Hello and thanks for your question, Mike. Yes, there can be microscopic little pits that form in the lens implant related to the laser that was done. Also, there can be deposits that form on the lens, but usually if that does happen, they are white blood cells deposits related to inflammation in and around the lens--this is quite rare.
I know your experience with past floaters has been that the floater seems to stay in the exact same place relative to the rest of your visual field no matter where or how you move your eyes. This is actually a bit abnormal for a floater. Usually floaters behave as you have described this spot behaving. They tend to trail behind the eye movements and you can see around them as they settle down in one position. The fact that you see this much more noticeably when there is more light is also another distinguishing characteristic of a floater. In this case, the only thing that can be done about the floater is surgery and it is a major surgery. That's not to say that it shouldn't be done. For persons with floaters that are significantly affecting their lives, the risks of the surgery become worthwhile and they mostly do very well afterwards.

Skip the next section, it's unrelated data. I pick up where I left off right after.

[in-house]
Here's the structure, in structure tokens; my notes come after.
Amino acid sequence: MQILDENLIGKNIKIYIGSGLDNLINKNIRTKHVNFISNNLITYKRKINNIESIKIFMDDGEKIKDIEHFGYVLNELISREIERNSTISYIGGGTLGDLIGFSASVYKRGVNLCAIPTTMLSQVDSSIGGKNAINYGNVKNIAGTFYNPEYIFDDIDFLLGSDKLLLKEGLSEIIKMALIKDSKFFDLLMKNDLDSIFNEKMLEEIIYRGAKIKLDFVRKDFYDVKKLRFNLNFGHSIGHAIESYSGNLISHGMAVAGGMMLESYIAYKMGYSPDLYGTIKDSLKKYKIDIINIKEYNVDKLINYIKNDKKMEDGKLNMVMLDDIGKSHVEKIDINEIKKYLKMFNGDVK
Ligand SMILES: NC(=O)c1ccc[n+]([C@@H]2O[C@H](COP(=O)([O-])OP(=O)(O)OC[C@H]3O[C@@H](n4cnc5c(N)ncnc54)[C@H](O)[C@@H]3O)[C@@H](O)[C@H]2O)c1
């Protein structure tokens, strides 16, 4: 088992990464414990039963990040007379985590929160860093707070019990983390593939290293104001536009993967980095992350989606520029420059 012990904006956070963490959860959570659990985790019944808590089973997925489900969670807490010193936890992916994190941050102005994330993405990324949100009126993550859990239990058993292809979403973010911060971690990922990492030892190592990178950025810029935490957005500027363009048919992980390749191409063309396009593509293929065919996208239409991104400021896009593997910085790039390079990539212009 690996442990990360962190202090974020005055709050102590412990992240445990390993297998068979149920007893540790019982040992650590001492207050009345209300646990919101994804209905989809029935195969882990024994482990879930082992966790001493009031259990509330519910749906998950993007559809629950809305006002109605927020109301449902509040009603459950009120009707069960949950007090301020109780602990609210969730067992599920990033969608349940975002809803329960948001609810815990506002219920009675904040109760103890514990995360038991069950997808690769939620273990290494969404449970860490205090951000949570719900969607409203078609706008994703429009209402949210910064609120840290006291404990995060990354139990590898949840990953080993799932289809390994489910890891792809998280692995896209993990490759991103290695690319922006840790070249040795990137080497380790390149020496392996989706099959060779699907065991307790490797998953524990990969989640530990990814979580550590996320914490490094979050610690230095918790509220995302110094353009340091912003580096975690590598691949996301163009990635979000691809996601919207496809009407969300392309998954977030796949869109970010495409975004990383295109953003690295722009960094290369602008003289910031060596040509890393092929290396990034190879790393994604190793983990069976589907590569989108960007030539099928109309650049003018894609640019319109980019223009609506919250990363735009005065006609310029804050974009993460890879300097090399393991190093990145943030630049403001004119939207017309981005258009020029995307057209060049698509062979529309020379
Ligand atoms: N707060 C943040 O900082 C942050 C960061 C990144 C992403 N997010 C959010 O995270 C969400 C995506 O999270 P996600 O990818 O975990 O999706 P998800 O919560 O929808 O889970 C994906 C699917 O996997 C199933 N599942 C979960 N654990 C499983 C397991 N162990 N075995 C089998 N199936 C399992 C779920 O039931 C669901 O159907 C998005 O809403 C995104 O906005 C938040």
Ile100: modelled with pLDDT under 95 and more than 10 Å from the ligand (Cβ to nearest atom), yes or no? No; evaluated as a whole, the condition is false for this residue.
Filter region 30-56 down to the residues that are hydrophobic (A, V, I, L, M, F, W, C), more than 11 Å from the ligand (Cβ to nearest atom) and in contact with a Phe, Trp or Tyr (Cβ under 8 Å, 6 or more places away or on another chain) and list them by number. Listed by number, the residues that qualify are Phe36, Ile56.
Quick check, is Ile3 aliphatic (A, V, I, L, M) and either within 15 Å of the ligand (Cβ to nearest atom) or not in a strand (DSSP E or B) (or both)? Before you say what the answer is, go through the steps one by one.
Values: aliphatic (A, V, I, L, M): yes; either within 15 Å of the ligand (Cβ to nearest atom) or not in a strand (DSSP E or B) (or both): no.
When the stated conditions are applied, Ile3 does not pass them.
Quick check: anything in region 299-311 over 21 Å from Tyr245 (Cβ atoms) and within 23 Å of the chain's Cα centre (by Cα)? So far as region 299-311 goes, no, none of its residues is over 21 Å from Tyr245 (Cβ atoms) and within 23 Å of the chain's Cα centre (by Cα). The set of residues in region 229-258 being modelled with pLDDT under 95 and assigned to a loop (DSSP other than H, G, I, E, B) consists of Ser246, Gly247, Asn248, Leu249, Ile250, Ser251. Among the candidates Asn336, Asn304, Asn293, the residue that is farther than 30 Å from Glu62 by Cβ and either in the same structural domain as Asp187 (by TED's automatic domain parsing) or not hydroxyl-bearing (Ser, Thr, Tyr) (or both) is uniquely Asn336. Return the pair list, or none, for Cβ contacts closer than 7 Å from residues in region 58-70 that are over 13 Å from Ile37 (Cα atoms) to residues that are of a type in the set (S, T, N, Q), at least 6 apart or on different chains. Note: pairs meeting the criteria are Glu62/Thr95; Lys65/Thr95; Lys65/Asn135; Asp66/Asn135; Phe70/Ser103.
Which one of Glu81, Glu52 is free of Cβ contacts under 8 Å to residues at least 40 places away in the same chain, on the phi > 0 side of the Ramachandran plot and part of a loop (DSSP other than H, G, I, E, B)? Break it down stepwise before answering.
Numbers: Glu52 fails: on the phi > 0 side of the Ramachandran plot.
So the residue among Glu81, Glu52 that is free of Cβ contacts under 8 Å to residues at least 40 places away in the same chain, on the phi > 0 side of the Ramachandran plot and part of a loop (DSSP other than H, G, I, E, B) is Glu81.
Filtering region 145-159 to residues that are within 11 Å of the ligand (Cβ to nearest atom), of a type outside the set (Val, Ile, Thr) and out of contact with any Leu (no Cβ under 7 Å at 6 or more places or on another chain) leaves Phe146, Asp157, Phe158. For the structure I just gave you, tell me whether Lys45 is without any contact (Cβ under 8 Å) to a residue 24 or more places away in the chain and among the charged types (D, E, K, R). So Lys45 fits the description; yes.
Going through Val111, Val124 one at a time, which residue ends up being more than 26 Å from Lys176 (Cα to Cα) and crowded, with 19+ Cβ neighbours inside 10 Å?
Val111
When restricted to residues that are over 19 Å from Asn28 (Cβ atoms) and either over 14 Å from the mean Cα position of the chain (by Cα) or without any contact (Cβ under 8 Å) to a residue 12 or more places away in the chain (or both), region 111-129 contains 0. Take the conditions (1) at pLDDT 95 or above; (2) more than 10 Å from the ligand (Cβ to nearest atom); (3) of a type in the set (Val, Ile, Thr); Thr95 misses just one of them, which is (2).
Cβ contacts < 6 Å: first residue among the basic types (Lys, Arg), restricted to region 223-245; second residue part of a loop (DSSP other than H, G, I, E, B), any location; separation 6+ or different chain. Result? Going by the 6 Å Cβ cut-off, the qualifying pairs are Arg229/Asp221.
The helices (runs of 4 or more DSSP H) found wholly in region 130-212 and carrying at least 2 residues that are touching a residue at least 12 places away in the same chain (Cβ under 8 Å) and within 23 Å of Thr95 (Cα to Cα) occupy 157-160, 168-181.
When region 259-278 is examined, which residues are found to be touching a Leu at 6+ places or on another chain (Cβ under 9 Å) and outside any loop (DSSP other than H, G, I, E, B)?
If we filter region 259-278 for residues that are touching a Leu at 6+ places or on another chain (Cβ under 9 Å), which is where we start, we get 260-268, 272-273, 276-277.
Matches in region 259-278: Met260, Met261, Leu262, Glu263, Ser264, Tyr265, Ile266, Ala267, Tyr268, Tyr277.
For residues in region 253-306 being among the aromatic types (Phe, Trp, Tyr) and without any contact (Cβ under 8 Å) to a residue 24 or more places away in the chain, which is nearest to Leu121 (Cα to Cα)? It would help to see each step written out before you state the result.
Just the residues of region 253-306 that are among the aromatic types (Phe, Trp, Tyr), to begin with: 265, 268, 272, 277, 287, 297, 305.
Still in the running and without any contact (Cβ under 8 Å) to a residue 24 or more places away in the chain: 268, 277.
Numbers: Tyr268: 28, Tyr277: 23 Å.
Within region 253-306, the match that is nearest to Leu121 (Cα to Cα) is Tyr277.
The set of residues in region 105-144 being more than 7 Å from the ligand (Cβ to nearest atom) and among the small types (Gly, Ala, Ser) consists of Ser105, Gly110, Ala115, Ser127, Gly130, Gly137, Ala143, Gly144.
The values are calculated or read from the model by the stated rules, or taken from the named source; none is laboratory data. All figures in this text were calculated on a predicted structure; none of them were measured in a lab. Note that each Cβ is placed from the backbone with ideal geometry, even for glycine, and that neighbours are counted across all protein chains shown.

Does this information help address your concerns? Does this make sense? Do you have any other concerns that I haven't addressed?
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